Hydroxychloroquine (HCQ), a long-standing safe and inexpensive treatment for autoimmune disorders, may theoretically improve glucose tolerance and prevent diabetes. Hydroxychloroquine has a novel mechanism of action, i.e., post receptor inhibition of insulin degradation for reducing blood glucose levels. Reduction in FBG, PPG and HbA1C (0.87-3.3%) is established in various settings.[14],[15],[16],[17],[18] Hydroxychloroquine 400 mg is approved by DCGI (Drug Controller General of India) and recommended by RSSDI (Research Society for the Study of Diabetes in India) clinical practice recommendations 2017 as add-on therapy after metformin and sulfonylurea in T2DM patients.

This 24-week open-label, randomized, parallel-group study is to compare the efficacy and safety of hydroxychloroquine 400 mg and teneligliptin 20 mg when used as add-on therapy in Indian Type 2 DM patients who were inadequately controlled (HbA1c ≥7.5%) with metformin 1000 mg and Glimepiride 2 mg combination.

METHODOLOGY

This study is a prospective observational study to be conducted in 2 diabetic centres of Patna city in between October 2017 to May 2018 among 180 patients with a 6 month follow up period.

A sample size of 180 subjects, 90 in each arm, is sufficient to detect a clinically important difference of 0.5 between groups in reducing glycaemic level assuming a standard deviation of 1.195 using a two-tailed t-test of difference between means, with 80% power and a 5% level of significance.

Inclusion criteria were (1) weight ≥60 kg,2 haemoglobin A1c ≥7.5%,3 treatment with metformin 1000 mg and glimepiride 2 mg for at least 2 weeks prior to the study. Exclusion criteria were1 type 1 diabetes,[2] severe complications of diabetes, micro or macrovascular, any type of retinopathy/ maculopathy,[3] severe renal and liver dysfunction,[4] severe infections,[5] pregnant or nursing women and those who might be pregnant,[6] alcoholism, and[7] any patients whom the investigators judged to be inappropriate for this study.

Initially, 240 patients were assessed for eligibility, among which 180 patients were selected and continued. There was a 2 weeks run-in period of strict diet control and treatment with metformin 1000 mg and glimepiride 2 mg. All patients were then randomly allotted into two groups. One group (N=90) of patients received hydroxychloroquine 400 mg + metformin 1000 mg + glimepiride 2 mg, other group (N=90) received teneligliptin 20 mg + metformin 1000 mg + glimepiride 2 mg. Efficacy was assessed by FBG, PPBG and HbA1c reduction and safety was evaluated by number of hypoglycaemic events and changes in serum creatinine levels. A blood sugar level below 70 mg/dl is considered as hypoglycaemia and a blood sugar level below 54 mg/dl is considered as sever hypoglycaemia. Home based blood glucose monitoring was used to detect the hypoglycaemic events. Patients who had any type of retinopathy/maculopathy were excluded.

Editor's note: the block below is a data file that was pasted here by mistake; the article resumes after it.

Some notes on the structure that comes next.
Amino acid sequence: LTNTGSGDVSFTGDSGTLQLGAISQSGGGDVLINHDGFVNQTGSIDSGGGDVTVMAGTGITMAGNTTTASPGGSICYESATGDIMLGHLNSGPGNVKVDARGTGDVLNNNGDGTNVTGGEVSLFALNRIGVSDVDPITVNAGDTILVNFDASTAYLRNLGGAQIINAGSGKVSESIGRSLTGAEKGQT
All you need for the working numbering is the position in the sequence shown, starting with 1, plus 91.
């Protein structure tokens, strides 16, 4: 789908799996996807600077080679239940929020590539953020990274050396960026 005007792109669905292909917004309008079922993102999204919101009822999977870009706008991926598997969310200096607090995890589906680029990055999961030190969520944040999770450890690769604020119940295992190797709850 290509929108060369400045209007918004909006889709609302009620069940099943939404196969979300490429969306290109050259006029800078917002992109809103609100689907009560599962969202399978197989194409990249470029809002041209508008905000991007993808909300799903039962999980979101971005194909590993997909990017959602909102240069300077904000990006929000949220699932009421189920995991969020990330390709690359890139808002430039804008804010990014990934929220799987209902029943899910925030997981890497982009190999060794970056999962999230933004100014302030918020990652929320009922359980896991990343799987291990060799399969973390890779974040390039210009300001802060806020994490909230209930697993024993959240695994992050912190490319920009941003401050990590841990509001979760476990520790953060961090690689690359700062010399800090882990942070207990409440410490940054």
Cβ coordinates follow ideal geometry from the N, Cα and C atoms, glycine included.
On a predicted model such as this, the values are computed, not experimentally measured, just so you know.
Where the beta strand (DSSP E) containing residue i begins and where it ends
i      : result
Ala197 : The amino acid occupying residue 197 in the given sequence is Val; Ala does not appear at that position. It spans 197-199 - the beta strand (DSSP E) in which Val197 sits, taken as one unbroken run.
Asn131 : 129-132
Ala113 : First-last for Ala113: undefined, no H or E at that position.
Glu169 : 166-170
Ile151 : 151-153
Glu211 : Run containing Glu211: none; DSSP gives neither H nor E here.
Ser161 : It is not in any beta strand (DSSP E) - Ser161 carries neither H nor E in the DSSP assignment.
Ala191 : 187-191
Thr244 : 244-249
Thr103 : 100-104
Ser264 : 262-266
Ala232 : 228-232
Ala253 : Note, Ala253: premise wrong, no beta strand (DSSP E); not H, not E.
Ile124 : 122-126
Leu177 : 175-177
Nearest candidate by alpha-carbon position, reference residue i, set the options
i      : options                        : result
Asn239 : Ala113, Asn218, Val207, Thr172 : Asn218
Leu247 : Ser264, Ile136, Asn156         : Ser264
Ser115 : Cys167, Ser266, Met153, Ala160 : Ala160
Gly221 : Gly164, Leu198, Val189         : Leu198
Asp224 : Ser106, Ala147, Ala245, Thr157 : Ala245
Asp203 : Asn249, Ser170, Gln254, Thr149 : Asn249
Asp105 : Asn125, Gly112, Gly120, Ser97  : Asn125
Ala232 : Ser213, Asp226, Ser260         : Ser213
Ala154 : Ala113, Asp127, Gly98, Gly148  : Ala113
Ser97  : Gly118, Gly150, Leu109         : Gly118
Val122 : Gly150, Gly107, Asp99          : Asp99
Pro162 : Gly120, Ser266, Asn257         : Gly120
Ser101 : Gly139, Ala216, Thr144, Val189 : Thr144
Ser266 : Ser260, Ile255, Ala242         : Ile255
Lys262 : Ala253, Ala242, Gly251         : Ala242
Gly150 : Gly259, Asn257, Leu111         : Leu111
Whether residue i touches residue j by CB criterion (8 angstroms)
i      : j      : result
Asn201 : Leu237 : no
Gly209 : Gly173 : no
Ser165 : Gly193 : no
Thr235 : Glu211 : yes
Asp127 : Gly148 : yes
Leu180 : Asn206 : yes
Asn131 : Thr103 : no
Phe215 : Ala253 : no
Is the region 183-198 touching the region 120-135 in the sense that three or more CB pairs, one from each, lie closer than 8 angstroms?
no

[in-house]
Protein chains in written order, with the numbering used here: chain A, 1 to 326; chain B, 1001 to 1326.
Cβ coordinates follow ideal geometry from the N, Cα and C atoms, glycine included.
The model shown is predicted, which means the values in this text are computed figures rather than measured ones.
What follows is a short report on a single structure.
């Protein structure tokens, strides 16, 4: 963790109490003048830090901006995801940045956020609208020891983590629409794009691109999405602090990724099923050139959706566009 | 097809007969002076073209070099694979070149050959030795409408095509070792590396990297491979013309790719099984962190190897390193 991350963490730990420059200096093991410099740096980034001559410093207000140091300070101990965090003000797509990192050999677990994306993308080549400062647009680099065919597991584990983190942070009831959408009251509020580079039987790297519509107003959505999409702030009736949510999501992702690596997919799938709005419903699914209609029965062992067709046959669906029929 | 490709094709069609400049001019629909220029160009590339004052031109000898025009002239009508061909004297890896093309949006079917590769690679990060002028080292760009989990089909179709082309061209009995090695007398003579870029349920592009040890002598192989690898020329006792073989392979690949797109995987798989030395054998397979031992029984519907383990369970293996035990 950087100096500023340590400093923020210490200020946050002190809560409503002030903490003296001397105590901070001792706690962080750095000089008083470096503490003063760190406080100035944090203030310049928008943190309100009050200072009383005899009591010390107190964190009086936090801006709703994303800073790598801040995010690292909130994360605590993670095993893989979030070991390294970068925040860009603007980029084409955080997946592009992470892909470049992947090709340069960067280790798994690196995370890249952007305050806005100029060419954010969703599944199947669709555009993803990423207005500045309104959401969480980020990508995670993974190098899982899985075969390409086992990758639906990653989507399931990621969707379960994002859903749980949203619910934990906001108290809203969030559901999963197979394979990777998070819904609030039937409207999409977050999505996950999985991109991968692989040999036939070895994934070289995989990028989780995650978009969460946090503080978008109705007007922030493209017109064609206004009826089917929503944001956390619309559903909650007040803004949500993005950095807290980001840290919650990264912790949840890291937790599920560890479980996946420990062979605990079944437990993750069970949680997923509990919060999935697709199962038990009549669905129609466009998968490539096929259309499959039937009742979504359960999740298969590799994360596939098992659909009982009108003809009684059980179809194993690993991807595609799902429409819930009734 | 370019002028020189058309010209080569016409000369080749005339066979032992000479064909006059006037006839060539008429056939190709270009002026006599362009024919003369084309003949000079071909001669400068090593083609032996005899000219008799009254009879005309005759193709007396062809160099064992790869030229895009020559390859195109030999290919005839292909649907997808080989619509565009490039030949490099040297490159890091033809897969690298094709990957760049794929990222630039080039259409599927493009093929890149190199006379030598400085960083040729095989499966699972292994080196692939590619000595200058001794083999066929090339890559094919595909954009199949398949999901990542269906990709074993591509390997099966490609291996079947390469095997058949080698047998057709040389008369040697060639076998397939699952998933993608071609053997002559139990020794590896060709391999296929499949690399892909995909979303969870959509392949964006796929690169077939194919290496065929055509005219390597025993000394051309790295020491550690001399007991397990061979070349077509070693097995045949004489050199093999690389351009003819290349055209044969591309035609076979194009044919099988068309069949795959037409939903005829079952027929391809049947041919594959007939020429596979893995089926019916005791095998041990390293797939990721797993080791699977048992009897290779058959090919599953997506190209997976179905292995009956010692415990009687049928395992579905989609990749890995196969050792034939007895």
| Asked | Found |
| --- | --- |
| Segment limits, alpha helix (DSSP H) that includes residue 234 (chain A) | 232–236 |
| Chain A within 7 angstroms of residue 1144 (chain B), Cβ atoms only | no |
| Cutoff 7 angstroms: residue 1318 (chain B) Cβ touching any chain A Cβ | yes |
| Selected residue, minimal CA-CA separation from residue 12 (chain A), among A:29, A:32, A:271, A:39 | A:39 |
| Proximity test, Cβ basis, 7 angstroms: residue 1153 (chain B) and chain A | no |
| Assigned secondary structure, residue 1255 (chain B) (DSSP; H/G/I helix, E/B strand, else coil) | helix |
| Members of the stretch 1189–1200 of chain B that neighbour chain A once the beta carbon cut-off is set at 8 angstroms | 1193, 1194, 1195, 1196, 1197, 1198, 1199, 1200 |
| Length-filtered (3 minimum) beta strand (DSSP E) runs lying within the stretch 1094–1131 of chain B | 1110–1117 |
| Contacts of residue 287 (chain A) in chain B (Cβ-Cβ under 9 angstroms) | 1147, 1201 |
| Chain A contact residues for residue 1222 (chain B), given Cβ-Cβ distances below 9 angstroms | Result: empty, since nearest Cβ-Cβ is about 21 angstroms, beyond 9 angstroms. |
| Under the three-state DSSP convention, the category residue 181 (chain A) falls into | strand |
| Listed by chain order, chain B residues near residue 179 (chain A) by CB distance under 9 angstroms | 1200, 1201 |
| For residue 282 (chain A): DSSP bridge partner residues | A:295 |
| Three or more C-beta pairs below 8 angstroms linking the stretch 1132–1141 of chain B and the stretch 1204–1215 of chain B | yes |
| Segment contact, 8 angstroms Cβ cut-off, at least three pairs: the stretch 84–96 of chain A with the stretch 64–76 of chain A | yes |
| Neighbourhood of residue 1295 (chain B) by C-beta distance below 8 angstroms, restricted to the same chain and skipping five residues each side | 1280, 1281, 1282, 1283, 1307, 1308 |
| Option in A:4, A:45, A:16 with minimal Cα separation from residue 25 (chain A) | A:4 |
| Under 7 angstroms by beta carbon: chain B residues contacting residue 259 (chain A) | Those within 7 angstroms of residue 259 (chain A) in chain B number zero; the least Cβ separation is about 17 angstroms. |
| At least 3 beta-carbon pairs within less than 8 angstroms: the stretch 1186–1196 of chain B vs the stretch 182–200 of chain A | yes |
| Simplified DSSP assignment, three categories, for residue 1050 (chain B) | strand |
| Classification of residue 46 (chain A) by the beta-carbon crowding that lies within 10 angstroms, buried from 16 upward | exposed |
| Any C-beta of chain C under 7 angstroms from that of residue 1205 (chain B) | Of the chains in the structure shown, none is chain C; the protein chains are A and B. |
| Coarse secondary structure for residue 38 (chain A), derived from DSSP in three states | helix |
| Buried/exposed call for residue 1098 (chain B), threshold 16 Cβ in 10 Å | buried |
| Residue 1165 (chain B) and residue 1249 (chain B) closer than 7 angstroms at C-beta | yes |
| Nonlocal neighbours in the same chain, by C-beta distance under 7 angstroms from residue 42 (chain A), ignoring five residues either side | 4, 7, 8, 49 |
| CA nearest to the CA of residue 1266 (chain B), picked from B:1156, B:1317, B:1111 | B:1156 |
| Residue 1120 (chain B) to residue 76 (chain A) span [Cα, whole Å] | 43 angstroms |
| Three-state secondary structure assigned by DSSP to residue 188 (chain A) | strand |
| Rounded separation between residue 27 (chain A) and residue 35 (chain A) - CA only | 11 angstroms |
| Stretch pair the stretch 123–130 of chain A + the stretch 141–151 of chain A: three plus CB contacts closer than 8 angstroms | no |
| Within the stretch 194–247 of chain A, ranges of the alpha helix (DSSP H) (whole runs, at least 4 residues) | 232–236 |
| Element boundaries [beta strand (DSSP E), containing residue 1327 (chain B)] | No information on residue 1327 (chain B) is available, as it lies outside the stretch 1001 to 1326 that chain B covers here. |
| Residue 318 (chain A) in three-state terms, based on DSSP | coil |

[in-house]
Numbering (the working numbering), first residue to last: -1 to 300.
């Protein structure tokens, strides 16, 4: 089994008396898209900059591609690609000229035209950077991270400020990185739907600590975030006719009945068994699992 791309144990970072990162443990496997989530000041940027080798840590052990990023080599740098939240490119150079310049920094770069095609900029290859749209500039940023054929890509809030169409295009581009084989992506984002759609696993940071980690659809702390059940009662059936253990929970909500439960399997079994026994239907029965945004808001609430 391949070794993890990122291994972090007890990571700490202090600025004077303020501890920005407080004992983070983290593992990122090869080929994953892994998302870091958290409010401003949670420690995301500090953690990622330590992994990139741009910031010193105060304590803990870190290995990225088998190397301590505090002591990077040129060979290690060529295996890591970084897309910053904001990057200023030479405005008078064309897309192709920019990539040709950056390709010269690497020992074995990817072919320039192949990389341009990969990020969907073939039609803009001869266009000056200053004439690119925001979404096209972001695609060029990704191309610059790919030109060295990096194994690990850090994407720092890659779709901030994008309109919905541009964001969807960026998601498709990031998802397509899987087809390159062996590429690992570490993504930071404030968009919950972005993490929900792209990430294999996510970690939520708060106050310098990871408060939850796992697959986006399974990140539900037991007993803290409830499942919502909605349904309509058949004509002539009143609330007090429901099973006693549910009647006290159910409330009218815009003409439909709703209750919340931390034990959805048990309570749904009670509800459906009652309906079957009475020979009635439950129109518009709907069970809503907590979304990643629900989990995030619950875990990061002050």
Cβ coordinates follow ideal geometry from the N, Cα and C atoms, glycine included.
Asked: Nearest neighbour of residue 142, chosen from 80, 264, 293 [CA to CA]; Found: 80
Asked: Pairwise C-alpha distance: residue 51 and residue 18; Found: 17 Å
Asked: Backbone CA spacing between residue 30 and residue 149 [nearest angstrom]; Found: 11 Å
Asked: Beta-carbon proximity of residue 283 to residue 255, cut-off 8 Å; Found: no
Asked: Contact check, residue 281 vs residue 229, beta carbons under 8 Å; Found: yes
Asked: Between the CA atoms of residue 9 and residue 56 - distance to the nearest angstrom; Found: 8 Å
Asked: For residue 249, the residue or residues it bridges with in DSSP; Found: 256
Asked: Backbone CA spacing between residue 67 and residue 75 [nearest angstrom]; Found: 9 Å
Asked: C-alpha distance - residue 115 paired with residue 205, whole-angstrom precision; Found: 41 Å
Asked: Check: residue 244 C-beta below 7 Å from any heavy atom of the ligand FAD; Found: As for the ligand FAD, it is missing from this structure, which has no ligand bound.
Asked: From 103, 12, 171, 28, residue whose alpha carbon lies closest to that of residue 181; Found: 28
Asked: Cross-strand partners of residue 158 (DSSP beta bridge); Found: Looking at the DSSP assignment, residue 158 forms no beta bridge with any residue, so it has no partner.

We performed the current study in accordance with the declaration of Helsinki and the study was carried out after an approval from the ethical committee of the hospital. All subjects were given an explanation of the details of this clinical study and provided written informed consent.

Statistical Analysis

The sample size was determined by assuming that add-on treatment drug would improve HbA1c by at least 0.5%, based on a previous study which assessed efficacy of hydroxychloroquine 400 mg and teneligliptin 20 mg in patients with T2DM.[16] It was statistically determined that 90 patients in each group (in account of the potential loss of subjects) were needed to detect a significant difference with at least a power of 80% and statistical significance of 5%. Data was arranged in MS Excel. Student’s t test was used to compare difference in mean values between the two groups. Chi-square test was used for categorical variables. Paired t-test has been used for within group analysis. For every outcome variable, results are presented as mean ± SD (Standard Deviation), p value <0.05 was considered statistically significant. STATA 12.0 (STATA Corp, Houston, TX, USA) statistical software has been used for data analysis.

RESULTS

The mean age of the patients was 66 ± 9 and 66 ± 7 years respectively, with mean duration of diabetes of 6 ± 2 years in the HCQ group and mean of 6 ± 3 years in the teneligliptin group. Mean body weight was 70 ± 8 kg and 70 ± 8 kg respectively in HCQ and teneligliptin group. Baseline HbA1c was 8.1 ± 0.3 in the hydroxychloroquine group and 8.2 ± 0.2 in the teneligliptin group. The patient’s baseline characteristics was almost similar in both the groups (Table 1).


Table 1. Patient characteristics at the beginning of the study


At 24 weeks there were statistically significant reduction in mean HbA1c in the hydroxychloroquine group (1.1±0.3) as compared to the teneligliptin group (0.82±0.3) (P≤0.001) (Table 1 and Figure 1). The mean FBG and PPBG was 169 ±18 mg/dl and 232 ± 18 mg/dl respectively in the hydroxychloroquine group which was reduced to 121 ± 15 mg/dl and 161 ± 19 mg/dl at the end of 24 weeks. In the teneligliptin group, FBG and PPBG was 171 ± 16 mg/dl and 239 ± 21 mg/dl which reduced to 121 ± 15 mg/dl and 161 ± 19 mg/dl respectively in same period of time (p≤0.005) (Table 2). Comparisons of change in baseline to 24 weeks between hydroxychloroquine and teneligliptin groups was also statistically significant (≤0.001), which indicates the superiority of hydroxychloroquine in reducing glycaemic parameters.


Figure 1. Change in HbA1c in two groups.



Table 2. Changes in variables in the two groups after 6 months


There was no statistically significant change in body weight of both the groups (Table 2). No marked changes in creatinine levels were found in patients in both the groups (Table 3).